The editorial called this reform “one of the most compelling innovations in the country.” Opponents claim that it burdens the free speech of wealthy special interests. For example, during oral arguments, Chief Justice Roberts strongly suggested that he “sees triggered matching public funds as a limit on the privately financed candidate’s speech.” This is counterintuitive, as the law does not in any way limit the spending or speech of privately-financed candidates; it simply provides matching funds for candidates that accept public financing. The Times added that under Arizona's law, “more candidates — not just the wealthy — will be able to run in elections,” which will result in “more political speech, not less.”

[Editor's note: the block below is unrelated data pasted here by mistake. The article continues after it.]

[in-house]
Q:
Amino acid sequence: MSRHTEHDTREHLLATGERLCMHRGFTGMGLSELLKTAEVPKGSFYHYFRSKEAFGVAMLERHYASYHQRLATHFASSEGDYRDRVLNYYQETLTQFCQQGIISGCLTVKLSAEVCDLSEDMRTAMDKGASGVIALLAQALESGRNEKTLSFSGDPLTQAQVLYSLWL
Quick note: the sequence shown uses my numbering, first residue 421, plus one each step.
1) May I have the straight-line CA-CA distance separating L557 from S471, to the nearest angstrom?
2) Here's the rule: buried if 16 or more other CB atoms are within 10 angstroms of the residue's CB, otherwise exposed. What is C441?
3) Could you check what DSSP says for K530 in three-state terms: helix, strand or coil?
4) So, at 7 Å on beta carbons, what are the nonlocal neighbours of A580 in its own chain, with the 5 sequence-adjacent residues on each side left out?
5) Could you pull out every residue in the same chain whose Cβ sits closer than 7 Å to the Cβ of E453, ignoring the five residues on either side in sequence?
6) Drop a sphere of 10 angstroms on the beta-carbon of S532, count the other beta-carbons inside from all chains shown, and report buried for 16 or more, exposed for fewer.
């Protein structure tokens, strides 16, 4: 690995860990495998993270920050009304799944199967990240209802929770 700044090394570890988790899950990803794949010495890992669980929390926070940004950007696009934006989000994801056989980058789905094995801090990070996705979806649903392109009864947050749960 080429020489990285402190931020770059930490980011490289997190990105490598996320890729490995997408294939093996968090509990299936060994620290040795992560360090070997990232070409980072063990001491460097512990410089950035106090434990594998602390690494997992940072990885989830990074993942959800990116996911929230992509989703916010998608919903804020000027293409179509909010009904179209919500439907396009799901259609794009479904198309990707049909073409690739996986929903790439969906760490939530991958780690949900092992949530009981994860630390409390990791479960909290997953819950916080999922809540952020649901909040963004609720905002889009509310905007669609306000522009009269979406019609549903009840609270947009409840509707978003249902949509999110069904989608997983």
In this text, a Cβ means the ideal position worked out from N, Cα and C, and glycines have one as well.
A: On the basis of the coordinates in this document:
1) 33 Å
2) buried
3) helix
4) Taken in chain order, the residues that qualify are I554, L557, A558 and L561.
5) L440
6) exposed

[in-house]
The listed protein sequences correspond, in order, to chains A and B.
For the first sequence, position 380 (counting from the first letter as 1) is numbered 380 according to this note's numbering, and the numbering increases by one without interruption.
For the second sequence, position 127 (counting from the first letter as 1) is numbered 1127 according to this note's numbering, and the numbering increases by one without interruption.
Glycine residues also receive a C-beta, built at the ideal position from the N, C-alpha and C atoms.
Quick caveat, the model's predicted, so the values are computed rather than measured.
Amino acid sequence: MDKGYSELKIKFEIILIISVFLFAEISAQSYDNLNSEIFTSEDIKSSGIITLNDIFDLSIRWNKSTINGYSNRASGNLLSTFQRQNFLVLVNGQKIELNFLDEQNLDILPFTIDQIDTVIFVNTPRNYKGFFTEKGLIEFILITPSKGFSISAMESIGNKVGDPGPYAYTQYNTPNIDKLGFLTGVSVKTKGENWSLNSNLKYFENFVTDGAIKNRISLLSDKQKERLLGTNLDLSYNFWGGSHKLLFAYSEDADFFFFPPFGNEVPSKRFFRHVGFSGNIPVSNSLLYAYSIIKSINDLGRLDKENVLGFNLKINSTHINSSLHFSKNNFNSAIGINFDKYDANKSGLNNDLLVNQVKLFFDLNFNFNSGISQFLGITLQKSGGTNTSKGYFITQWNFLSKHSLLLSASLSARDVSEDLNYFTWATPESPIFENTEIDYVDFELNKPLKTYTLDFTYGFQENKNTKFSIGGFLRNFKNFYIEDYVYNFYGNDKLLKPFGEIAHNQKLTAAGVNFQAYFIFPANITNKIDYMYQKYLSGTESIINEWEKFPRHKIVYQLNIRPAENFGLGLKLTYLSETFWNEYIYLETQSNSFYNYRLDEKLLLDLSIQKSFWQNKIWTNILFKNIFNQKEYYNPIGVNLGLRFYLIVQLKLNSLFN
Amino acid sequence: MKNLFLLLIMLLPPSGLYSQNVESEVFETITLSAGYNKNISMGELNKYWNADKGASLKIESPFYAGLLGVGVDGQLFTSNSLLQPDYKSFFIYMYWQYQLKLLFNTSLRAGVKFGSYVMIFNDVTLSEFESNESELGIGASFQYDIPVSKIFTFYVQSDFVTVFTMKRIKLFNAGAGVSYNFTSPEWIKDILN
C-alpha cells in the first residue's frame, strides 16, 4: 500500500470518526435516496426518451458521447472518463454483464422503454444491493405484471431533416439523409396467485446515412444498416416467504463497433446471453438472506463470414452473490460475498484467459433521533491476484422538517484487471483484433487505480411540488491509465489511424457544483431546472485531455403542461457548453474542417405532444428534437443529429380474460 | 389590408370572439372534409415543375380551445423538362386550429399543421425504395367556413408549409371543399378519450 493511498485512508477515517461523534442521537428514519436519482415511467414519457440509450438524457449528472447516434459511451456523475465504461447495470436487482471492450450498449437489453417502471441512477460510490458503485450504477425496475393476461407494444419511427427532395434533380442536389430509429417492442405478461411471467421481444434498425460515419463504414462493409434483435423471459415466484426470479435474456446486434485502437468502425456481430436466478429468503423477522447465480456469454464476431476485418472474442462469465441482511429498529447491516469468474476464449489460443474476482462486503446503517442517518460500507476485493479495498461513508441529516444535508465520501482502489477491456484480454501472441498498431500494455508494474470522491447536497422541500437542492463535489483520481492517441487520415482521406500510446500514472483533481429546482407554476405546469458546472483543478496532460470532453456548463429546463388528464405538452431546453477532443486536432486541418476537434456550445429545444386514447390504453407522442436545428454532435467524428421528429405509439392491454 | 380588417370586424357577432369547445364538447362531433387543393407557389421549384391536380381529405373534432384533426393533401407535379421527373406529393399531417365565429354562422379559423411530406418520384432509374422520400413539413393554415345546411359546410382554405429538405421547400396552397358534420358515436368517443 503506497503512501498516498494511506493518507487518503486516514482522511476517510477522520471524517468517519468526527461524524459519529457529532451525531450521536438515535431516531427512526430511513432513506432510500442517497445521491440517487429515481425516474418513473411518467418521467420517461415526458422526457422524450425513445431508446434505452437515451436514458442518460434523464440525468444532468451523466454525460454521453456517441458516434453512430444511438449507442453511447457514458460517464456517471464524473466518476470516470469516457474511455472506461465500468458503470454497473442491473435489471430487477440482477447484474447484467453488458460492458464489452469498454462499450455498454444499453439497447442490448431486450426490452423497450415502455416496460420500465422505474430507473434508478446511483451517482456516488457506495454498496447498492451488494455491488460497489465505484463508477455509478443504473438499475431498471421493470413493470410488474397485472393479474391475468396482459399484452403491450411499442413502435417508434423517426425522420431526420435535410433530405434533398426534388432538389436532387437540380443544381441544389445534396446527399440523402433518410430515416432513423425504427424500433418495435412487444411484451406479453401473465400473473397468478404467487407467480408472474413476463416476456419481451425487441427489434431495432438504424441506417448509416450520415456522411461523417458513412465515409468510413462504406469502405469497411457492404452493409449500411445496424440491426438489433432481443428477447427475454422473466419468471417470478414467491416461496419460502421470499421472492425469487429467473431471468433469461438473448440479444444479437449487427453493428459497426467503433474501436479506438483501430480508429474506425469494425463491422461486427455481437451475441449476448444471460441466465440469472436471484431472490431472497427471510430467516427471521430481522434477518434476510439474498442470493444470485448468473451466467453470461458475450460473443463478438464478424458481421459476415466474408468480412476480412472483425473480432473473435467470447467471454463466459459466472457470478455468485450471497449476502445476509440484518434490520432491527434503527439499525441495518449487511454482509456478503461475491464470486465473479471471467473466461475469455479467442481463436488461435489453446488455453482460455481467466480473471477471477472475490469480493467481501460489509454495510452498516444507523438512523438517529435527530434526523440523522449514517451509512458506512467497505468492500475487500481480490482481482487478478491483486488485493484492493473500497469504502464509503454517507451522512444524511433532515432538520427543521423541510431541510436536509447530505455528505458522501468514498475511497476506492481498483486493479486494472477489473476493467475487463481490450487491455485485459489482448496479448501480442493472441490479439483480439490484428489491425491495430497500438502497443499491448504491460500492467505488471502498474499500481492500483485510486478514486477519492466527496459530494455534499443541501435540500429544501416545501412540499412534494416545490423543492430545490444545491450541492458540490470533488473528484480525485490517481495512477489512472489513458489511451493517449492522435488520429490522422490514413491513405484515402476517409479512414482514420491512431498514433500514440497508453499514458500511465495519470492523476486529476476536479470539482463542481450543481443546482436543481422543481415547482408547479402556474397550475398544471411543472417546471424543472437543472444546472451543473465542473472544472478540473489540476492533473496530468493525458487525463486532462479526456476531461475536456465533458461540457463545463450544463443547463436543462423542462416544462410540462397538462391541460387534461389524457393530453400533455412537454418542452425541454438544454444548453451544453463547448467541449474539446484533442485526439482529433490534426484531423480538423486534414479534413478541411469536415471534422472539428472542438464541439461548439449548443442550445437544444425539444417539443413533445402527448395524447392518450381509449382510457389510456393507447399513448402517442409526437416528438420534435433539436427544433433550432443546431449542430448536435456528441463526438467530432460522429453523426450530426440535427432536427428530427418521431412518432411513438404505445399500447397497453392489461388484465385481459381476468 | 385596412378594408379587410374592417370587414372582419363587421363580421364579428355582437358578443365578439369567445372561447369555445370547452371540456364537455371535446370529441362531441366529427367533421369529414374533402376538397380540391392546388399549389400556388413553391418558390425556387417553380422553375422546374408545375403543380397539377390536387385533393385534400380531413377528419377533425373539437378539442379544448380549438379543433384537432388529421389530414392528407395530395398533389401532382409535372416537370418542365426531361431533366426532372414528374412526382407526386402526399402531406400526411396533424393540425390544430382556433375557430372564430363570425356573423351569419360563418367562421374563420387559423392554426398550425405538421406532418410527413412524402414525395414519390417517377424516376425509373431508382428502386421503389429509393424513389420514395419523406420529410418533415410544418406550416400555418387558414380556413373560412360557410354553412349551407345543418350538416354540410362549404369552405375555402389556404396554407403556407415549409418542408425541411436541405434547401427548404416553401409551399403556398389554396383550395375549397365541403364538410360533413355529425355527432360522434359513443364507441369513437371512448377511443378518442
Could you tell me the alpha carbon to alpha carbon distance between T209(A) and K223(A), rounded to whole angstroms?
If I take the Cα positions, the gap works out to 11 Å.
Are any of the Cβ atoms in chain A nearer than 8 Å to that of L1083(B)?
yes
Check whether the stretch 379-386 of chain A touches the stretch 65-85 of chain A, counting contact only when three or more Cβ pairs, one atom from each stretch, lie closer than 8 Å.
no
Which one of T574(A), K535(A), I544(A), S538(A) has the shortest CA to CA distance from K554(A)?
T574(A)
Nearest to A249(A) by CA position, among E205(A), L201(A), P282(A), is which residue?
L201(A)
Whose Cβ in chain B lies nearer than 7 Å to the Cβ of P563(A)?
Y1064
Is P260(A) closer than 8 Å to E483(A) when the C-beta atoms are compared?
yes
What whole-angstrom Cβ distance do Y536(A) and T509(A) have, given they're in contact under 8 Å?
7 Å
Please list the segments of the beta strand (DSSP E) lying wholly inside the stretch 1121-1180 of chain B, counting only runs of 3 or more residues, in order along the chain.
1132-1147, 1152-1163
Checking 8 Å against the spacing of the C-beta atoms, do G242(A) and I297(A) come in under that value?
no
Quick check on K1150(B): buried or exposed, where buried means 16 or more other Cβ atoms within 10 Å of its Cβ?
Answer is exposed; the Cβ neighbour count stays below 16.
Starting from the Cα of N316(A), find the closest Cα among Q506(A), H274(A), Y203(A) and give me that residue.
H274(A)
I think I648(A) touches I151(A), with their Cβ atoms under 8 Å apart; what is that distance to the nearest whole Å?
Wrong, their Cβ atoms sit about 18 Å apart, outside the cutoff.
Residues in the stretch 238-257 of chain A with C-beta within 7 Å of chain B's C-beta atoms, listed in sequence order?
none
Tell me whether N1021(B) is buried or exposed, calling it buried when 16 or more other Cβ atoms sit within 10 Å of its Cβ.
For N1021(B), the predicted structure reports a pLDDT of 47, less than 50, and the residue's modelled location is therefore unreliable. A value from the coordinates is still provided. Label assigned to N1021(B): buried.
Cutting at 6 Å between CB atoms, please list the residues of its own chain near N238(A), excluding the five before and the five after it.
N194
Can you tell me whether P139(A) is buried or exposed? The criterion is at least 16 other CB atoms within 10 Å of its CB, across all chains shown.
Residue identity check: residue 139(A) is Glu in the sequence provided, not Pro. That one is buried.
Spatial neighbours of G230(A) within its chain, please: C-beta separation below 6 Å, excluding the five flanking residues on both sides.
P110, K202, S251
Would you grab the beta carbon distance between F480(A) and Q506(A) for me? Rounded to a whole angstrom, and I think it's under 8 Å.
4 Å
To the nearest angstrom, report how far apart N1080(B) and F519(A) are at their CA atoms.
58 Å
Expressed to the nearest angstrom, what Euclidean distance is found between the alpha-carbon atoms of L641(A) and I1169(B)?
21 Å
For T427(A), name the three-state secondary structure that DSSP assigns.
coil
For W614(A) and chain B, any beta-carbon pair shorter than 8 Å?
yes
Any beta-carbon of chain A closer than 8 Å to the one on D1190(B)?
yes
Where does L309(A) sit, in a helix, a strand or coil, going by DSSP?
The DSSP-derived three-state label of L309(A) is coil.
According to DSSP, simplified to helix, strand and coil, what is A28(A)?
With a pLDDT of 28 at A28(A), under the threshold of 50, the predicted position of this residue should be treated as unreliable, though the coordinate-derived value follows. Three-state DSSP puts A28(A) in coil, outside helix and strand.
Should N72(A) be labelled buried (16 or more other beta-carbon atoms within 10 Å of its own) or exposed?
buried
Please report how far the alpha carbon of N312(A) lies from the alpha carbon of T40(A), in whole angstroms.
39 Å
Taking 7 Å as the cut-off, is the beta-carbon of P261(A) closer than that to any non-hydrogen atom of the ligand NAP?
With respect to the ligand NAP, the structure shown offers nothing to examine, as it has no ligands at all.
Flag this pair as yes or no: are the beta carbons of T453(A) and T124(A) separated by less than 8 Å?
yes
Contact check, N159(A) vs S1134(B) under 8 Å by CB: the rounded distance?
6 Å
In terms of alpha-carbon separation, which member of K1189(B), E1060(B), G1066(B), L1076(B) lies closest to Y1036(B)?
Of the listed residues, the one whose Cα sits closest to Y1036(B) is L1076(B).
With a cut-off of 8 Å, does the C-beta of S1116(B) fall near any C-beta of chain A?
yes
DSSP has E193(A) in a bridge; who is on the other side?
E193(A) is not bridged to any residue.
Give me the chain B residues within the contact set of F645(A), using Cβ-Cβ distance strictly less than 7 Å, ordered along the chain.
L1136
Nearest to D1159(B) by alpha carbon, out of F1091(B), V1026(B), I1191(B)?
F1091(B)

If the Court sides with those who want Arizona's public-financing elections system struck down, it will become another in a series of decisions siding with wealthy special interests in election-law disputes. In a 2008 decision, Davis v. Federal Election Commission, the conservative majority of the Supreme Court struck down a federal rule that increased the cap on campaign contributions for candidates outspent by wealthy and self-financing opponents. The majority held that the rule harmed the free speech rights of wealthy candidates by diminishing “the effectiveness” of their spending and speech. The 2010 Citizens United case also unleashed a torrent of corporate money into federal elections. The Times lamented that “money already has far too much sway everywhere in politics,” adding that if the Court continues to strike down laws that facilitate more campaign speech for candidates being drowned out by wealthy opponents, “the damage and corruption will be enormous.”
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